The unique ability of humans to imagine gives enormous power to idealism, an imagining of a better state of things not yet in existence. That power has been misused to send young men to war. But the power of idealism can also be used to attain justice, to end the massive violence of war.
The world will never have lasting peace so long as men reserve for war the finest human qualities. Peace, no less than war, requires idealism and self-sacrifice and a righteous and dynamic faith.
With his discovery of the discrepancy between thinking and being, Freud not only undermined the Western tradition of idealism in its philosophical and popular forms, he also made a far-reaching discovery in the field of ethics. Until Freud, sincerity could be defined as saying what one believed. Since Freud this is no longer a sufficient definition. The difference between what I say and what I believe assumes a new dimension, namely that of my unconscious belief or my unconscious striving...Since Freud, the sentence I meant well has lost its function as an excuse.
Idealism and metaphysics are the easiest things in the world, because people can talk as much nonsense as they like without basing it on objective reality or having it tested against reality. Materialism and dialectics, on the other hand, need effort. They must be based on and tested by objective reality. Unless one makes the effort one is liable to slip into idealism and metaphysics.
Life is stronger than death… Life without idealism is empty indeed.
Nothing matters more to the future of this Nation than insuring that our young men and women learn to believe in themselves and believe in their dreams, and that they develop this capacity-that you develop this capacity, so that you keep it all of your lives.... I believe one of America's most priceless assets is the idealism which motivates the young people of America. My generation has invested all that it has, not only its love but its hope and faith, in yours.
Plausible as the idea of the United States of Europe as a peace arrangement may seem to some at first glance, it has on closer examination not the least thing in common with the method of thought and the standpoint of social democracy . . . At the present stage of development of the world market and of world economy, the conception of Europe as an isolated economic unit is a sterile concoction of the brain. Europe no more forms a special unit within world economy than does Asia or America.
The whole idea of god is absurd. If anything, '2001' shows that what some people call 'god' is simply an acceptable term for their ignorance. What they don't understand, they call 'god' -Stanley Kubrick, interview, 1963
Awareness | Capacity | Consciousness | Death | Existence | Experience | Faith | Idealism | Indifference | Joy | Life | Life | Man | Meaning | Pain | Purpose | Purpose | Sense | Soul | Universe | Wonder | Awareness | Child |
Take a stress pill and think things over-- HAL in 2001
Awareness | Capacity | Consciousness | Death | Existence | Experience | Faith | Idealism | Indifference | Joy | Life | Life | Man | Meaning | Pain | Purpose | Purpose | Sense | Soul | Universe | Wonder | Worth | Awareness | Child |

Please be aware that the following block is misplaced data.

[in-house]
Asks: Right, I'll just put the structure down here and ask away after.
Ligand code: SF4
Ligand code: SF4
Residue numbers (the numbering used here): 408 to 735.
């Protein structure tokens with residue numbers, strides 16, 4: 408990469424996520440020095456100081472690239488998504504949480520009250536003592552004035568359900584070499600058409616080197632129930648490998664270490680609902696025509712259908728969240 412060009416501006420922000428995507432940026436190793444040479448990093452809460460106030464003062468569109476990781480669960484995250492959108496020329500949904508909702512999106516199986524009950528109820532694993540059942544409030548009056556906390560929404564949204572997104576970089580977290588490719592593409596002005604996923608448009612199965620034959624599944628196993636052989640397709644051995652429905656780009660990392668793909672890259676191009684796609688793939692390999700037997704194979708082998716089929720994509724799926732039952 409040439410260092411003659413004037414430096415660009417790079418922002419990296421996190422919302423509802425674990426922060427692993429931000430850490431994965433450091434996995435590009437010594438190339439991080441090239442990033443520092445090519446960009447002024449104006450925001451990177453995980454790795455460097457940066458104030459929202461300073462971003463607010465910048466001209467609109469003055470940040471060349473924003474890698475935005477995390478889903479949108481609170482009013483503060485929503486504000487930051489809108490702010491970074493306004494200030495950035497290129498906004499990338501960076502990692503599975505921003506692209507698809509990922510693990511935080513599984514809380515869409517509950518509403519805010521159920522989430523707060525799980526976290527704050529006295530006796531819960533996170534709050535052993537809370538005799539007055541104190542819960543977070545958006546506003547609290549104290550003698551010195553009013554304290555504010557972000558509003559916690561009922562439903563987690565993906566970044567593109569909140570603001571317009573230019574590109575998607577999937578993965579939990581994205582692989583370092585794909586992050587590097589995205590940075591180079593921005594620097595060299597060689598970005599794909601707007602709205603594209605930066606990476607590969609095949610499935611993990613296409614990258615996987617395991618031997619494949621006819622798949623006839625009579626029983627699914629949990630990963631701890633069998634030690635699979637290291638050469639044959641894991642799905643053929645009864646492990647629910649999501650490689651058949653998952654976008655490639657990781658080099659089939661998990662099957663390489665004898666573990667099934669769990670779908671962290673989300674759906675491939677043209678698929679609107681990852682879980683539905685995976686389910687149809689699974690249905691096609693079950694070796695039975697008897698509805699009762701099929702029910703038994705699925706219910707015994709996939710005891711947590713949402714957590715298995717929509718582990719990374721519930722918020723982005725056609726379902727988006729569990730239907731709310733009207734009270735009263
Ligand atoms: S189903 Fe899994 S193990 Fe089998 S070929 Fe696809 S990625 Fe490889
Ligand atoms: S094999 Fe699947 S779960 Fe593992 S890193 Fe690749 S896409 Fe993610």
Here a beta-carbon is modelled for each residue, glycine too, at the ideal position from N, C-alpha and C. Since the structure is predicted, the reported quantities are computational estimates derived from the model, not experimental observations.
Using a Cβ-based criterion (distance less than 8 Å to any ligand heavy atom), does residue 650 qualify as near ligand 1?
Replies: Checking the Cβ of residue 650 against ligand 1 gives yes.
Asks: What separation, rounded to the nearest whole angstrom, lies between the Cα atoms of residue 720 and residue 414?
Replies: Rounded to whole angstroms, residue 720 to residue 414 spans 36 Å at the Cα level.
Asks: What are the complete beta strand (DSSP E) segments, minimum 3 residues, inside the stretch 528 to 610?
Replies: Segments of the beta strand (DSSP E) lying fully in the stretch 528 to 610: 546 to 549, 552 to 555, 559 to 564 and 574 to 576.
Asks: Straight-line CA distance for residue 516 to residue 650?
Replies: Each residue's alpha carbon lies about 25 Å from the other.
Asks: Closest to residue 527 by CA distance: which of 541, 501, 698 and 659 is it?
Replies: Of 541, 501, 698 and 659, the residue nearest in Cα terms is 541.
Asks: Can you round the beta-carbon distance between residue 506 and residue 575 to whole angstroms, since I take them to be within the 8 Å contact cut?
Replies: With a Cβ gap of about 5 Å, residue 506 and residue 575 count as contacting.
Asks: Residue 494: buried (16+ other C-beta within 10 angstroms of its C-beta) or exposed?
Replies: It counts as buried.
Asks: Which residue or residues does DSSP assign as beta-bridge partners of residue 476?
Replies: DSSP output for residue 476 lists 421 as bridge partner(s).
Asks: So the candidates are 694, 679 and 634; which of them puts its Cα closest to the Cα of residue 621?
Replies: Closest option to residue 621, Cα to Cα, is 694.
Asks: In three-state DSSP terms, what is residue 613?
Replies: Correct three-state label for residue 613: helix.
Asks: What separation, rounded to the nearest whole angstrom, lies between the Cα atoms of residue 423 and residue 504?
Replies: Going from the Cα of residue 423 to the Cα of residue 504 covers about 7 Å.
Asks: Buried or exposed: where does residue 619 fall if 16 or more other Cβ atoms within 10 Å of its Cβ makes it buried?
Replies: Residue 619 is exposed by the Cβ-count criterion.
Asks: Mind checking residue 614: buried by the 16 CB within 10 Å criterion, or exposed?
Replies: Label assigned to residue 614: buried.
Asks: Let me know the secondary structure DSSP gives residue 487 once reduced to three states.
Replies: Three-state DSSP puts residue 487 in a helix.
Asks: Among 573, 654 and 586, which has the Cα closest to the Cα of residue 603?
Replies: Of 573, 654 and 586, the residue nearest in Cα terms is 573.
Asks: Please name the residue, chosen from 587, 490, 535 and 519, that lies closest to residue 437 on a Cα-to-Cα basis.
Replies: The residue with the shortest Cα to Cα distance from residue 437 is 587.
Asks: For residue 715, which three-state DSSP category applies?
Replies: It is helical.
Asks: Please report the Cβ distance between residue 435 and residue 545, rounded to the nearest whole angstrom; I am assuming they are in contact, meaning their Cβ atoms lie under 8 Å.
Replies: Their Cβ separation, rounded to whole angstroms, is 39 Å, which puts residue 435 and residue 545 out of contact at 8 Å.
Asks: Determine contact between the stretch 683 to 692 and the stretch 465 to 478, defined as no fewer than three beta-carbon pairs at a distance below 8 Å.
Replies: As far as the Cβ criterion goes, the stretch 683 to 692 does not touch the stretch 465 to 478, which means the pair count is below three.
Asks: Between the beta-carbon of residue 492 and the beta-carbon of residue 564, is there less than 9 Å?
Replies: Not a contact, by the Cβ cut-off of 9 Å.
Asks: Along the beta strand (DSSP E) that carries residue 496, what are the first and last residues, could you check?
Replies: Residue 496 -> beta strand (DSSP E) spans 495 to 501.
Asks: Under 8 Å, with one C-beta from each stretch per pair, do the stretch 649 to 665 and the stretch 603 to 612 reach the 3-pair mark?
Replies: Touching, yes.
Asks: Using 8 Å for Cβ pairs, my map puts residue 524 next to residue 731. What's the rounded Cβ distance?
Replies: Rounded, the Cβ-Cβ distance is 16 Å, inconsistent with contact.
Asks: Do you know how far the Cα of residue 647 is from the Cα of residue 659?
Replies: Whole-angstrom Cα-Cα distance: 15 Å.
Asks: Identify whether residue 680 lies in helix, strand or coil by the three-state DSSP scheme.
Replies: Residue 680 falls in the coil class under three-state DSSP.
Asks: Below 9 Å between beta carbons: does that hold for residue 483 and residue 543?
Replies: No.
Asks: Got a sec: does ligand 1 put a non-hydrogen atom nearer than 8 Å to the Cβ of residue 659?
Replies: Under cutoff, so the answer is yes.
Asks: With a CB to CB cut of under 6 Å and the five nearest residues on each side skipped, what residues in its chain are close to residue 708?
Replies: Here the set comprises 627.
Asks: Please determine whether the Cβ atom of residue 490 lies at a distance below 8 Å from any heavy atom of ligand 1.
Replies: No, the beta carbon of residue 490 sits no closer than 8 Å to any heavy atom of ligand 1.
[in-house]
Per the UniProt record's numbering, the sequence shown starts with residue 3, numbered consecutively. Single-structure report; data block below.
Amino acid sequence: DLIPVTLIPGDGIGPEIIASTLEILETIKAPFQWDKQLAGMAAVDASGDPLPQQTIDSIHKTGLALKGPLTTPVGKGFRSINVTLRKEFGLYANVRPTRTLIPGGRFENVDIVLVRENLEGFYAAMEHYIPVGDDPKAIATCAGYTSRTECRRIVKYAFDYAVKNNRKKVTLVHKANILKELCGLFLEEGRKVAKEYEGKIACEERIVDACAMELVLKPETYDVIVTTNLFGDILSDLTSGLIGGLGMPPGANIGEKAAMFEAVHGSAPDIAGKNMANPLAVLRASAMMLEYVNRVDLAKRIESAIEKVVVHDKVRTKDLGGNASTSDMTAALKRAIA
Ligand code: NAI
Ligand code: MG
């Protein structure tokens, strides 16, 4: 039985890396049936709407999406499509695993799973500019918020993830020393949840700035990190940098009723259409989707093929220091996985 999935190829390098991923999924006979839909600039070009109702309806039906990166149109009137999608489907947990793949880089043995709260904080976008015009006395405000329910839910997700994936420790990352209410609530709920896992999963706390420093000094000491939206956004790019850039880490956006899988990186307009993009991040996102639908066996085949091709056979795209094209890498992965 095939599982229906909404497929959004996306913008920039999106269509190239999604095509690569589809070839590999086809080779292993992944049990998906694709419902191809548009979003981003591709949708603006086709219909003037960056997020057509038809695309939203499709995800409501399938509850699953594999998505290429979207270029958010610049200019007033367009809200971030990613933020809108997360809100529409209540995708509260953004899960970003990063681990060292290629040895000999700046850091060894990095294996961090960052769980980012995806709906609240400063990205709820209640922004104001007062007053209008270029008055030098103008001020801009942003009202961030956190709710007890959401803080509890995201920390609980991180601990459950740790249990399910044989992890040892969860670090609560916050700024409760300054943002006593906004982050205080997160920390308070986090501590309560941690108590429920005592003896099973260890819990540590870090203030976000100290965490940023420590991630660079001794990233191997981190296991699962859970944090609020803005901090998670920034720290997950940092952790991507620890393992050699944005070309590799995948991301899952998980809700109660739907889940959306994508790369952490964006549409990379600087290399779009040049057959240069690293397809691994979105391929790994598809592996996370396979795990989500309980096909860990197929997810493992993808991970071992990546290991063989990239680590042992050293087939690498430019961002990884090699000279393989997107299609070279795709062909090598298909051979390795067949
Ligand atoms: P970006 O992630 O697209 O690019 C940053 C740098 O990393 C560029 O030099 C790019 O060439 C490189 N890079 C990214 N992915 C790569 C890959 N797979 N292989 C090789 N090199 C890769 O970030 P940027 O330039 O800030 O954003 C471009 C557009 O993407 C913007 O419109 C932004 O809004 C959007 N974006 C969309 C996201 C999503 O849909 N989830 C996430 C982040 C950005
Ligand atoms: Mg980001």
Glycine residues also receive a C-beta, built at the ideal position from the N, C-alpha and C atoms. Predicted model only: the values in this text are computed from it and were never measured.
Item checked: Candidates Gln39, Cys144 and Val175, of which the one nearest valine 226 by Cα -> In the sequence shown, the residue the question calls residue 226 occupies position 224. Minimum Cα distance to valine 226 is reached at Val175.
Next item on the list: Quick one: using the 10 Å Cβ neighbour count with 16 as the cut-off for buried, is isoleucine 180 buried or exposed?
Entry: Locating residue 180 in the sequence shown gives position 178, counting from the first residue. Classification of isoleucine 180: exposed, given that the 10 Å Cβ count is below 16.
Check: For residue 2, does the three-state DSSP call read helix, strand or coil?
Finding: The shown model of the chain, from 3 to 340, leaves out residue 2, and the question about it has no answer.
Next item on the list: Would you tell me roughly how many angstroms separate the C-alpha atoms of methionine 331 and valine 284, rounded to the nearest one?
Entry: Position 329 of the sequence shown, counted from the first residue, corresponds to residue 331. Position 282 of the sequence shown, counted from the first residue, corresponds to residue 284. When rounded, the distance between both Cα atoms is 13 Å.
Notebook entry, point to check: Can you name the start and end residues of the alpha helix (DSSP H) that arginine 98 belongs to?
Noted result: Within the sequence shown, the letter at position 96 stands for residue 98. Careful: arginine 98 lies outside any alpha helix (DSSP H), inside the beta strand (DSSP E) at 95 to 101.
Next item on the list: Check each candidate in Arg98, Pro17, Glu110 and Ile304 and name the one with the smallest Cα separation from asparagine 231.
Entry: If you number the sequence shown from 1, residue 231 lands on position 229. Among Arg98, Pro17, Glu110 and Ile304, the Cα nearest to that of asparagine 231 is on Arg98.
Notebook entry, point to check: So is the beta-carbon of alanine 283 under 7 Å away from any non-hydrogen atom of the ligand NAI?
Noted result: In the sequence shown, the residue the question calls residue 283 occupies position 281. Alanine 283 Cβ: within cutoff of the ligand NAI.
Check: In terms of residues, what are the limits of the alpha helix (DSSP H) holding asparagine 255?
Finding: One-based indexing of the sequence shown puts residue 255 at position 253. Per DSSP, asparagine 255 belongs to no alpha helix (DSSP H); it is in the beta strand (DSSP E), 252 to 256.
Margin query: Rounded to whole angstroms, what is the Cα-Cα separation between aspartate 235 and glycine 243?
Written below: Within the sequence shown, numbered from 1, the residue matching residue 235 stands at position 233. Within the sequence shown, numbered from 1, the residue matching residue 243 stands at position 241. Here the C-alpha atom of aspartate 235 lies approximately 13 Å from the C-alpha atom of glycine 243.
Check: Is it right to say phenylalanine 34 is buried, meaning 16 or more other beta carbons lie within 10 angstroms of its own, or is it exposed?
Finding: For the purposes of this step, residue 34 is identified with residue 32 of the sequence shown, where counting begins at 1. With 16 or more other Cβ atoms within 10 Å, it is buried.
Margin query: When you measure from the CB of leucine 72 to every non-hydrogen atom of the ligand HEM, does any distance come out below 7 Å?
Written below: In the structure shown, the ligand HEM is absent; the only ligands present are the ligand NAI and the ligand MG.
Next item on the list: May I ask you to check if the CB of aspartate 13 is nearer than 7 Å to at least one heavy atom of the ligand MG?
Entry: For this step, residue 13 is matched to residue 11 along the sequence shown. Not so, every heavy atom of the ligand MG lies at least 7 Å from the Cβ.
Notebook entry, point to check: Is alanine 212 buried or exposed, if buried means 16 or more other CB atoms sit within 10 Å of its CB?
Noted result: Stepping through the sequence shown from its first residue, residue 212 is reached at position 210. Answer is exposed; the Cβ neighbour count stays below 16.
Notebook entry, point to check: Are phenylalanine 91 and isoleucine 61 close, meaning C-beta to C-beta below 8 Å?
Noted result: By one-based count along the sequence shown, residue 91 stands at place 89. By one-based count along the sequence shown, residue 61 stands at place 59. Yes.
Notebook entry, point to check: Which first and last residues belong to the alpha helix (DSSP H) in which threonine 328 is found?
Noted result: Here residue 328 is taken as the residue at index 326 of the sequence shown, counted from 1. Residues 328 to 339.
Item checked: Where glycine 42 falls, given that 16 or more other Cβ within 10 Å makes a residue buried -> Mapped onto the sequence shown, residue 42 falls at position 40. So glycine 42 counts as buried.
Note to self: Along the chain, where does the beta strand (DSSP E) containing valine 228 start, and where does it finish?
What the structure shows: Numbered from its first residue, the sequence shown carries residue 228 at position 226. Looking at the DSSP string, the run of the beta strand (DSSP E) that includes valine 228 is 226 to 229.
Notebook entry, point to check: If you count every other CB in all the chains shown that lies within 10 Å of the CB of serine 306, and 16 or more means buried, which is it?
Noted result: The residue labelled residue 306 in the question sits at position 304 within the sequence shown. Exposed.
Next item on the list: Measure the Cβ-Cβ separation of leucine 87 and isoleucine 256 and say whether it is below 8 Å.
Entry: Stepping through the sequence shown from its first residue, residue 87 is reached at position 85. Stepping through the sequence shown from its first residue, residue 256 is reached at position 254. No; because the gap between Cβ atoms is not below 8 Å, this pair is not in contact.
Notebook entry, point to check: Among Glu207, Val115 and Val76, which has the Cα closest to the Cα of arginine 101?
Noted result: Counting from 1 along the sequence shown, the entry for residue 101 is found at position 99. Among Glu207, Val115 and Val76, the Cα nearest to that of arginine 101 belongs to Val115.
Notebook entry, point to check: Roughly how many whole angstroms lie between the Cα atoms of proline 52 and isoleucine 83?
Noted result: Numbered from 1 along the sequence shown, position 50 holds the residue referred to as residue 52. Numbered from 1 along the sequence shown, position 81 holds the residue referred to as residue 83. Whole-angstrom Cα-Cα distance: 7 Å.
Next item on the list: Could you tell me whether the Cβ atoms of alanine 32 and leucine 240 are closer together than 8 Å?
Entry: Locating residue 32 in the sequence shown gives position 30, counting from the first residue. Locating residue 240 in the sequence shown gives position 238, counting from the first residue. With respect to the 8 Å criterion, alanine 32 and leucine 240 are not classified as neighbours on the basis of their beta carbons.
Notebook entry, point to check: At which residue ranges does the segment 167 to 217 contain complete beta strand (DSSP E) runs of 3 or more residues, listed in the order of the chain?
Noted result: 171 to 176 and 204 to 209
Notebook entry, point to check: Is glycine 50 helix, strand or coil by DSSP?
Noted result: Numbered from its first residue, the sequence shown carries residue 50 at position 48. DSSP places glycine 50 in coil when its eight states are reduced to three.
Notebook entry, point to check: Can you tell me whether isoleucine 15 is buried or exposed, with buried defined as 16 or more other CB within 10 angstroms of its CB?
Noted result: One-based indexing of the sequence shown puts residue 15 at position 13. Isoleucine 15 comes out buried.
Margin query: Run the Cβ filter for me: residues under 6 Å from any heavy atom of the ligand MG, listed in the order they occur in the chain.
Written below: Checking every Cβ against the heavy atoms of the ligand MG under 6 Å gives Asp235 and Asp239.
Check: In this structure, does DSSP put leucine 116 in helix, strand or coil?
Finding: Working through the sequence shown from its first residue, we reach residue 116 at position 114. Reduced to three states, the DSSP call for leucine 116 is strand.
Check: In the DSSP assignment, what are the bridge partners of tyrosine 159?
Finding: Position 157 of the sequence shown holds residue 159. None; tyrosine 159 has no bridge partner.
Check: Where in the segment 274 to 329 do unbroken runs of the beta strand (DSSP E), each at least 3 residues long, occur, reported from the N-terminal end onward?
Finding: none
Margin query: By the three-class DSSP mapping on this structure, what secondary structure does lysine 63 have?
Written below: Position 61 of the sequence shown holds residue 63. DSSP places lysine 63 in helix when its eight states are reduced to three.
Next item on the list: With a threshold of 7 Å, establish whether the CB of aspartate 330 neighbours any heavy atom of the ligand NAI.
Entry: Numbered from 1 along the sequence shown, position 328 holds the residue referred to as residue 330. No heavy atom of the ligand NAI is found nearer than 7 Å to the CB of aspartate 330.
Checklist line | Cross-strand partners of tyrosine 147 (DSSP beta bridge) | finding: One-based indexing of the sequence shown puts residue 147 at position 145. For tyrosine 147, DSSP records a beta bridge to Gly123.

It's not the critic who counts. Not the man who points out how the doer of deeds might have done them better. Instead, the credit belongs to the man in the arena whose face is marred by sweat and blood and tears.
Practical equality of opportunity for all citizens, when we achieve it, will have two great results. First, every man will have a fair chance to make of himself all that in him lies; to reach the highest point to which his capacities, unassisted by special privilege of his own and unhampered by the special privilege of others, can carry him, and to get for himself and his family substantially what he has earned. Second, equality of opportunity means that the commonwealth will get from every citizen the highest service of which he is capable. No man who carries the burden of the special privileges of another can give to the commonwealth that service to which it is fairly entitled.
Am I not arrogant too? Am I not unreasonable, unfair, demanding, suspicious and often quite arbitrary in my dealings with others? The point is not just “who is right” but “judge not” and “forgive one another” and “bear one another’s burdens”. This by no means implies passive obsequiousness and blind obedience, but a willingness to listen, to be patient. This is our task.
Sometimes, of a spring evening, Papa would hear that distant honking that always makes his scalp tingle, and we would all rush out to see the geese, in lines of hundreds, steer up from the southwest, turn over the barn as over a landmark, and head into the north. Or on autumn nights of sudden cold that set the ewes breeding in the orchard, Papa would call you out of the house to stand with him in the now celebrated pumpkin patch and watch the northern lights flicker in electric clouds on the horizon, mount, die down, fade and mount again till they filled the whole northern sky with ghostly light in motion. Thus, as children, you experienced two of the most important things men ever know--the wonder of life and the wonder of the universe, the wonder of life within the wonder of the universe. More importantly, you knew them not from books, not from lectures, but simply from living among them. Most important, you knew them with reverence and awe--that reverence and awe that has died out of the modern world and has been replaced by man's monkeylike amazement at the cleverness of his own inventive brain.